Nov 15, 2017

California gunman was prohibited from owning guns due to restraining order

Phil Johnston, the assistant sheriff for Tehama County, briefs reporters on the shootings near the Rancho Tehama Elementary School. Photo: Rich Pedroncelli / AP

The AP reports that the California gunman, Kevin Janson Neal, who killed five yesterday and injured 10, including two children, wasn't supposed to have access to firearms as part of a restraining order.

The backdrop: The Sutherland Springs shooter also wasn't supposed to have access to guns after being convicted of domestic abuse.

The latest on the California shooting, per the AP:

  • Neal's wife was found dead inside their home. Tehama County Assistant Sheriff Phil Johnston said they believe "her slaying was the start of the rampage." CNN reports she was killed the night before the shooting, and was "concealed...under a floor in his home."
  • He grew marijuana, according to his mother, and "was in a long-running dispute with neighbors he believed were cooking methamphetamine."
  • He was out on bail after stabbing a neighbor in January, and had a restraining order against him from the neighbor.
  • Neighbors repeatedly complained to the sheriff about hearing "constant gunfire" from Neal's home. The sheriff's department referred them to the homeowners' association.
  • He "had struggled with mental illness...and at times had a violent temper," according to his sister Sheridan Orr.
  • He was unsuccessful in entering Rancho Tehama Elementary, but shot inside the building for around six minutes.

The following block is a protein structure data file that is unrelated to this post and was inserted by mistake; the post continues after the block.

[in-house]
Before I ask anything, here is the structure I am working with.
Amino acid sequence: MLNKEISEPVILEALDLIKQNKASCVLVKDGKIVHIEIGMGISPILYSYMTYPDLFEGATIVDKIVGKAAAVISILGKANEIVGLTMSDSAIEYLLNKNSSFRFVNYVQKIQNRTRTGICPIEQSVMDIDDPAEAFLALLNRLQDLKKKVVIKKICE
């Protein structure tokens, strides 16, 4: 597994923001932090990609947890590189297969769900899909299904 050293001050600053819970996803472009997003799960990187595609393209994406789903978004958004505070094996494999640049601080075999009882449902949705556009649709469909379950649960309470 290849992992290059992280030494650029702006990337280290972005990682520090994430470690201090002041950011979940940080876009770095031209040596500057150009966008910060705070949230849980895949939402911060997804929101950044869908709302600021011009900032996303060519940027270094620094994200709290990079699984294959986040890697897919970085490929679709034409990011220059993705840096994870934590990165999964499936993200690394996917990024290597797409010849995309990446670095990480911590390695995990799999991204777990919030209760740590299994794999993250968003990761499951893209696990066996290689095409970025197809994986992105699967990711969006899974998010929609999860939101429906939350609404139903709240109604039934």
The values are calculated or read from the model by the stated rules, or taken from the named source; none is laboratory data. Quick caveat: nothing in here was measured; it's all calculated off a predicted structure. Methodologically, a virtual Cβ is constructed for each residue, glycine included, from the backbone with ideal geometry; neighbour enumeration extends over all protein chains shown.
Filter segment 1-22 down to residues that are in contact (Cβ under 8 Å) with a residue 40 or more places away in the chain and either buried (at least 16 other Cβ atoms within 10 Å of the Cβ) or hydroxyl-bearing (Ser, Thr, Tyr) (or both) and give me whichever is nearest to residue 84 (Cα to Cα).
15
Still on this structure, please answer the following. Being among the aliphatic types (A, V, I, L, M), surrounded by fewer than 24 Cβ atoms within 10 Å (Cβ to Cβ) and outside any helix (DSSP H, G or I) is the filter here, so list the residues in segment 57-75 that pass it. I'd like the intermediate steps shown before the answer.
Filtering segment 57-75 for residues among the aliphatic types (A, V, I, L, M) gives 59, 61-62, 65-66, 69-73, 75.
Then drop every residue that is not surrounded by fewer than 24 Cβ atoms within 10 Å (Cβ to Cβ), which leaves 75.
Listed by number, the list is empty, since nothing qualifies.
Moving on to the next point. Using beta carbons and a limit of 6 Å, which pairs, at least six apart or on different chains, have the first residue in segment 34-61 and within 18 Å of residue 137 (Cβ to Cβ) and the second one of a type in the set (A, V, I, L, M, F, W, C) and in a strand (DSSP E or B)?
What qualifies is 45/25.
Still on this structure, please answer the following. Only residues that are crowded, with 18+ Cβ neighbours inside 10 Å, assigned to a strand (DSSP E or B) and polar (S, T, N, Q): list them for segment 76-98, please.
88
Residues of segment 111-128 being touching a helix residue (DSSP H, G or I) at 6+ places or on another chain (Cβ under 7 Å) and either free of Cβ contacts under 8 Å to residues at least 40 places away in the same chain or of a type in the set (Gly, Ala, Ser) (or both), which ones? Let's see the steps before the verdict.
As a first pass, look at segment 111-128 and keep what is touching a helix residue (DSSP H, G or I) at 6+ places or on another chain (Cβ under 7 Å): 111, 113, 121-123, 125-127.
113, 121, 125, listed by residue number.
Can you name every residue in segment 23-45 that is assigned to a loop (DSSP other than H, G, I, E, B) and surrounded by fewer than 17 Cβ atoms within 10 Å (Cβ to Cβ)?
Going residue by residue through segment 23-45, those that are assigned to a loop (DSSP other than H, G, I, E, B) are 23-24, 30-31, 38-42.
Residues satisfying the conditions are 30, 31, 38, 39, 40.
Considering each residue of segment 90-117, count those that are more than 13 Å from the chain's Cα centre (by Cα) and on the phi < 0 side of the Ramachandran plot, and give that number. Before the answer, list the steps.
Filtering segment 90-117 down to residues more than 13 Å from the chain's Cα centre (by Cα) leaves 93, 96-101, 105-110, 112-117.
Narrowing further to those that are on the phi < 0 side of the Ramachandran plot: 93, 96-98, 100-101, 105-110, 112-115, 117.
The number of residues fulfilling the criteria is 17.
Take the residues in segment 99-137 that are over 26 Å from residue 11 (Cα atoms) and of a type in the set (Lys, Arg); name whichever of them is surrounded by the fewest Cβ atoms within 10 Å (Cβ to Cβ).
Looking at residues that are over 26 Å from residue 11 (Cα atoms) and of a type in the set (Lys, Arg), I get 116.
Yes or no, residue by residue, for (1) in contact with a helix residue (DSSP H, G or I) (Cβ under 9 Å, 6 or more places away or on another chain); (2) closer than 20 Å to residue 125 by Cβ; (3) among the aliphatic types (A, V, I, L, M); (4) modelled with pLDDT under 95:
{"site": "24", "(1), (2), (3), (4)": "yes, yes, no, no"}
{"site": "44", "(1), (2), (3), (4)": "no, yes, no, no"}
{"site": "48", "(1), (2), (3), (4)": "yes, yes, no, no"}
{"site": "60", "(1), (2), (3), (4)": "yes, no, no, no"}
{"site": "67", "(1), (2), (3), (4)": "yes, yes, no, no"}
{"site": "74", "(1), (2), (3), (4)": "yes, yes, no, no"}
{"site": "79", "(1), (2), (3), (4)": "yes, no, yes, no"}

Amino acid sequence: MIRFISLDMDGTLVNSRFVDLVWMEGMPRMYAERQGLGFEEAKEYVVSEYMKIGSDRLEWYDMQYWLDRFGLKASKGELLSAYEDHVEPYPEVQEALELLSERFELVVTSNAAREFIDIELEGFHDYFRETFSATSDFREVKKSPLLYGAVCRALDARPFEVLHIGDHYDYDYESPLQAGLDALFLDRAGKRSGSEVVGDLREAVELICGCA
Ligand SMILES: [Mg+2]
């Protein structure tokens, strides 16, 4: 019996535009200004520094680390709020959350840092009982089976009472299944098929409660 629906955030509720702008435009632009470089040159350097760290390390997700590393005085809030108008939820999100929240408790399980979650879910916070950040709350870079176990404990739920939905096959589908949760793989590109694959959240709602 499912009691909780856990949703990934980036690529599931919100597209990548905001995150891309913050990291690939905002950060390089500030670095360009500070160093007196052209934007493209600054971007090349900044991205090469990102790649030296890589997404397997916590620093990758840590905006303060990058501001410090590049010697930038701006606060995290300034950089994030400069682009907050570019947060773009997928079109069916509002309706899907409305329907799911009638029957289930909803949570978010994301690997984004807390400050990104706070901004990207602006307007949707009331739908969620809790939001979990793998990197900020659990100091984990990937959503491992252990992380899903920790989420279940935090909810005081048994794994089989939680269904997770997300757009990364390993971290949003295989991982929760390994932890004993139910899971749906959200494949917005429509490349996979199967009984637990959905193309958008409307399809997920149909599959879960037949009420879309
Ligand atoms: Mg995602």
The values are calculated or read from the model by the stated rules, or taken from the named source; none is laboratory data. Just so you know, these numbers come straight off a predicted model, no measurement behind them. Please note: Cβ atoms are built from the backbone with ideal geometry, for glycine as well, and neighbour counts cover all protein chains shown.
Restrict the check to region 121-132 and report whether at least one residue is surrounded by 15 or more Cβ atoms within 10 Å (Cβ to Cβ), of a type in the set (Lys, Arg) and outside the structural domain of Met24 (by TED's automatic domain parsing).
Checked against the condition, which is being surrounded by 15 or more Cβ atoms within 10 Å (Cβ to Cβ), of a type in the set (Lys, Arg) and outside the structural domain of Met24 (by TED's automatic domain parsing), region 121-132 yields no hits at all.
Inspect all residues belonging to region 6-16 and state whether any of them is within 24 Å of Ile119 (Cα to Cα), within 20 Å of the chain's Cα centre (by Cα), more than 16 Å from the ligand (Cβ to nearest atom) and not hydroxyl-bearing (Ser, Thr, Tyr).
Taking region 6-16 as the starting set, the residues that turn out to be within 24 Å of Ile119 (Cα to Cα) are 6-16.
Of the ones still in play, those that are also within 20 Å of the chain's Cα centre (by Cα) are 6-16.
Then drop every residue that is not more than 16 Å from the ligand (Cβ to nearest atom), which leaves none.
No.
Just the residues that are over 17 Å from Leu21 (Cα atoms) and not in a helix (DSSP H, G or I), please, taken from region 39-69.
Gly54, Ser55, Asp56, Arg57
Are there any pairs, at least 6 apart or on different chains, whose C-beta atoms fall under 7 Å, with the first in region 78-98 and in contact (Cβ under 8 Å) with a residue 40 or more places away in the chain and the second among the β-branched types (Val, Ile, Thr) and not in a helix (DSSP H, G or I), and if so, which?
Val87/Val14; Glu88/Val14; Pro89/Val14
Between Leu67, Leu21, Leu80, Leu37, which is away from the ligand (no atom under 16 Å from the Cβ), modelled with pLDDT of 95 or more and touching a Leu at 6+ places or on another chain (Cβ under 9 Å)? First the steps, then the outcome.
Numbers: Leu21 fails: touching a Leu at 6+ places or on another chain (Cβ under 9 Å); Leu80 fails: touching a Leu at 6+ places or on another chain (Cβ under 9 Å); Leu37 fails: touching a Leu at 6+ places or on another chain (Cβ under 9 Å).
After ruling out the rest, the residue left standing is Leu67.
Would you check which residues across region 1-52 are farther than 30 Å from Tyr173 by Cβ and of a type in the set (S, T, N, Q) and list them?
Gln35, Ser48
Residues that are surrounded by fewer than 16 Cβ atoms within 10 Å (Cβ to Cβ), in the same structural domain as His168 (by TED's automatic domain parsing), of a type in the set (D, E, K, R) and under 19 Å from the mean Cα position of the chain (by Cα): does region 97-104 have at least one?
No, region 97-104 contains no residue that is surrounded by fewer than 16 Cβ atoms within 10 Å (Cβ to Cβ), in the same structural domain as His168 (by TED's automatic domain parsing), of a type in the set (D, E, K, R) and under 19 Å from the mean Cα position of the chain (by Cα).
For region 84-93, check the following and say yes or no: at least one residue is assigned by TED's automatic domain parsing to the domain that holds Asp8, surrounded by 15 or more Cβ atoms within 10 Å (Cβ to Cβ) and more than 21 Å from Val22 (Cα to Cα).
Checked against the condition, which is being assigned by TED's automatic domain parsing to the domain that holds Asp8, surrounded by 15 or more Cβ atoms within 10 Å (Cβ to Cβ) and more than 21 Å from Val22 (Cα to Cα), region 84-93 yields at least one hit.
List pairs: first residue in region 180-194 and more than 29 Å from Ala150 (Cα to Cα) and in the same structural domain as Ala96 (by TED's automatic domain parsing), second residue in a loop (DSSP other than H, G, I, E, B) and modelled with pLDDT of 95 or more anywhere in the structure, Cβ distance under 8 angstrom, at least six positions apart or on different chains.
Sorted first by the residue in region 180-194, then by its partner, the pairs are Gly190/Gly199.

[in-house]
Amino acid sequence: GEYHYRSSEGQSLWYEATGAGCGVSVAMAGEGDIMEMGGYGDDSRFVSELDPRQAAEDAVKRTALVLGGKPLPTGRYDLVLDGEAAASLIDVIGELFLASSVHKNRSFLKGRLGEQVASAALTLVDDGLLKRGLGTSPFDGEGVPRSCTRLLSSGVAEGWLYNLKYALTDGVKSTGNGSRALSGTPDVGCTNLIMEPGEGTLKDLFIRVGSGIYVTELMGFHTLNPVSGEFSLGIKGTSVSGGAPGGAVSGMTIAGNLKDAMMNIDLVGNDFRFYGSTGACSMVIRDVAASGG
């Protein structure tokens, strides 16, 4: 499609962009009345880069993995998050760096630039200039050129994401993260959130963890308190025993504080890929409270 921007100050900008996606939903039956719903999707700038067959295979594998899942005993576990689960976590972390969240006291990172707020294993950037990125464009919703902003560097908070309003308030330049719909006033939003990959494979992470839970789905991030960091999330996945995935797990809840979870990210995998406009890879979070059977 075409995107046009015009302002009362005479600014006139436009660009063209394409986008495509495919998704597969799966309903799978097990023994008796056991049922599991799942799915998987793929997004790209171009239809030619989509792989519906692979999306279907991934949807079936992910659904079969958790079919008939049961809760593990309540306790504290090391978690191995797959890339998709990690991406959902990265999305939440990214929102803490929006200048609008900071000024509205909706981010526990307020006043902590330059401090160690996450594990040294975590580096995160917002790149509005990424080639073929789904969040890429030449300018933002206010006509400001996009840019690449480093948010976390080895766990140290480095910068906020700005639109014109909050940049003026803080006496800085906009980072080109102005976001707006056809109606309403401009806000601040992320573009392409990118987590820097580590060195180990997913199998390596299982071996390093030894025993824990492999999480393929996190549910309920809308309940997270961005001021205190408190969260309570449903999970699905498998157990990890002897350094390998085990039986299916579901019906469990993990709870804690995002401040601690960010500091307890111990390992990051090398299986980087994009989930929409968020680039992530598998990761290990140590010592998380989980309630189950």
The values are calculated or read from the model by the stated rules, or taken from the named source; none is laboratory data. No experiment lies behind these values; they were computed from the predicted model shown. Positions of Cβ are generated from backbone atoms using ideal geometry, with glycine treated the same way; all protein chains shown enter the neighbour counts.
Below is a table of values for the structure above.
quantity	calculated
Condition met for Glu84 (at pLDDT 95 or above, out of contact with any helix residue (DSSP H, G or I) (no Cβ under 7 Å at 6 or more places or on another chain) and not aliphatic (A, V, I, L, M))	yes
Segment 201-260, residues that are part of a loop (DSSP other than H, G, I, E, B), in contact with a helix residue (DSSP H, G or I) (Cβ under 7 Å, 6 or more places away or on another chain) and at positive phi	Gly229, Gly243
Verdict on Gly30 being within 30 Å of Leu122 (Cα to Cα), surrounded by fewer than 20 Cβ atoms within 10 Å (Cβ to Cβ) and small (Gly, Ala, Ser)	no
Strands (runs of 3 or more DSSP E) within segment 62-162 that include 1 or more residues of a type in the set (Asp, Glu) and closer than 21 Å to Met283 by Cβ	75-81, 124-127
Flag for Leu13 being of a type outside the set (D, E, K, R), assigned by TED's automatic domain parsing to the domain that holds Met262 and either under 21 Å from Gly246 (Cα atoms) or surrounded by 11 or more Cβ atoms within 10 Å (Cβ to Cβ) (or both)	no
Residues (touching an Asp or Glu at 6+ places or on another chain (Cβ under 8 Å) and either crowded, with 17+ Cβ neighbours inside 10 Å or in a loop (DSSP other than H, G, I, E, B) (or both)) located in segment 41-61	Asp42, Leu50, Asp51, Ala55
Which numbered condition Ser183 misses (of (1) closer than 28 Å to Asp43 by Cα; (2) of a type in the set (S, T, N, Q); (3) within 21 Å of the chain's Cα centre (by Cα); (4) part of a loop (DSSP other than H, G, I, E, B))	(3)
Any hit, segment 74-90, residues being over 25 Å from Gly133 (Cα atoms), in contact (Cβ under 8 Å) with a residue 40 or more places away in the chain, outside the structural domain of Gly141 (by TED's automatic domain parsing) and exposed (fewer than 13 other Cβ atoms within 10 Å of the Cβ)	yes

Go deeper: People who can't buy guns.

Go deeper

Acting Navy secretary resigns over handling of virus-infected ship

Thomas Modly. Photo: Chip Somodevilla/Getty Images

Acting Navy Secretary Thomas Modly resigned Tuesday after apologizing for comments he made about Capt. Brett Crozier, who was removed when a letter he wrote pleading with the Navy to address the coronavirus outbreak aboard the USS Theodore Roosevelt was leaked to the press. The resignation was first reported by Politico.

Why it matters: The controversy over Crozier's removal was exacerbated after audio leaked of Modly's address to the crew, in which he said Crozier was either "too naive or too stupid to be a commanding officer of a ship like this." After initially backing Modly's decision, President Trump said at a briefing Monday that he would "get involved."

Go deeperArrowUpdated 37 mins ago - Politics & Policy

Appeals court allows Texas abortion ban to remain during coronavirus outbreak

Gov. Greg Abbott. Photo: Tom Fox-Pool/Getty Images

A federal appeals court in Texas ruled 2-1 in favor of an executive order by Republican Gov. Greg Abbott on Tuesday that prohibits abortions during the coronavirus outbreak.

The big picture: Abbott last month issued the order banning elective procedures in an effort to save medical supplies like masks and gowns for health workers treating the coronavirus. Texas Attorney General Ken Paxton noted one day later that the order applied to abortions — unless the woman's life is at risk.

Coronavirus dashboard

Illustration: Aïda Amer/Axios

  1. Global: Total confirmed cases as of 5 p.m. ET: 1,412,103— Total deaths: 81,103 — Total recoveries: 298,352Map.
  2. U.S.: Total confirmed cases as of 5 p.m. ET: 386,800 — Total deaths: 12,285 — Total recoveries: 20,191Map.
  3. Federal government latest: Acting Navy secretary resigns over handling of virus-infected ship — Trump removes watchdog overseeing rollout of $2 trillion coronavirus bill.
  4. Business latest: America's food heroes in times of the coronavirus crisis.
  5. World latest: China reopens Wuhan after 10-week coronavirus lockdown.
  6. Wisconsin primary in photos: Thousands gathered to cast ballots in-person during the height of the coronavirus crisis in the U.S.
  7. What should I do? Pets, moving and personal healthAnswers about the virus from Axios expertsWhat to know about social distancingQ&A: Minimizing your coronavirus risk.
  8. Other resources: CDC on how to avoid the virus, what to do if you get it.

Subscribe to Mike Allen's Axios AM to follow our coronavirus coverage each morning from your inbox.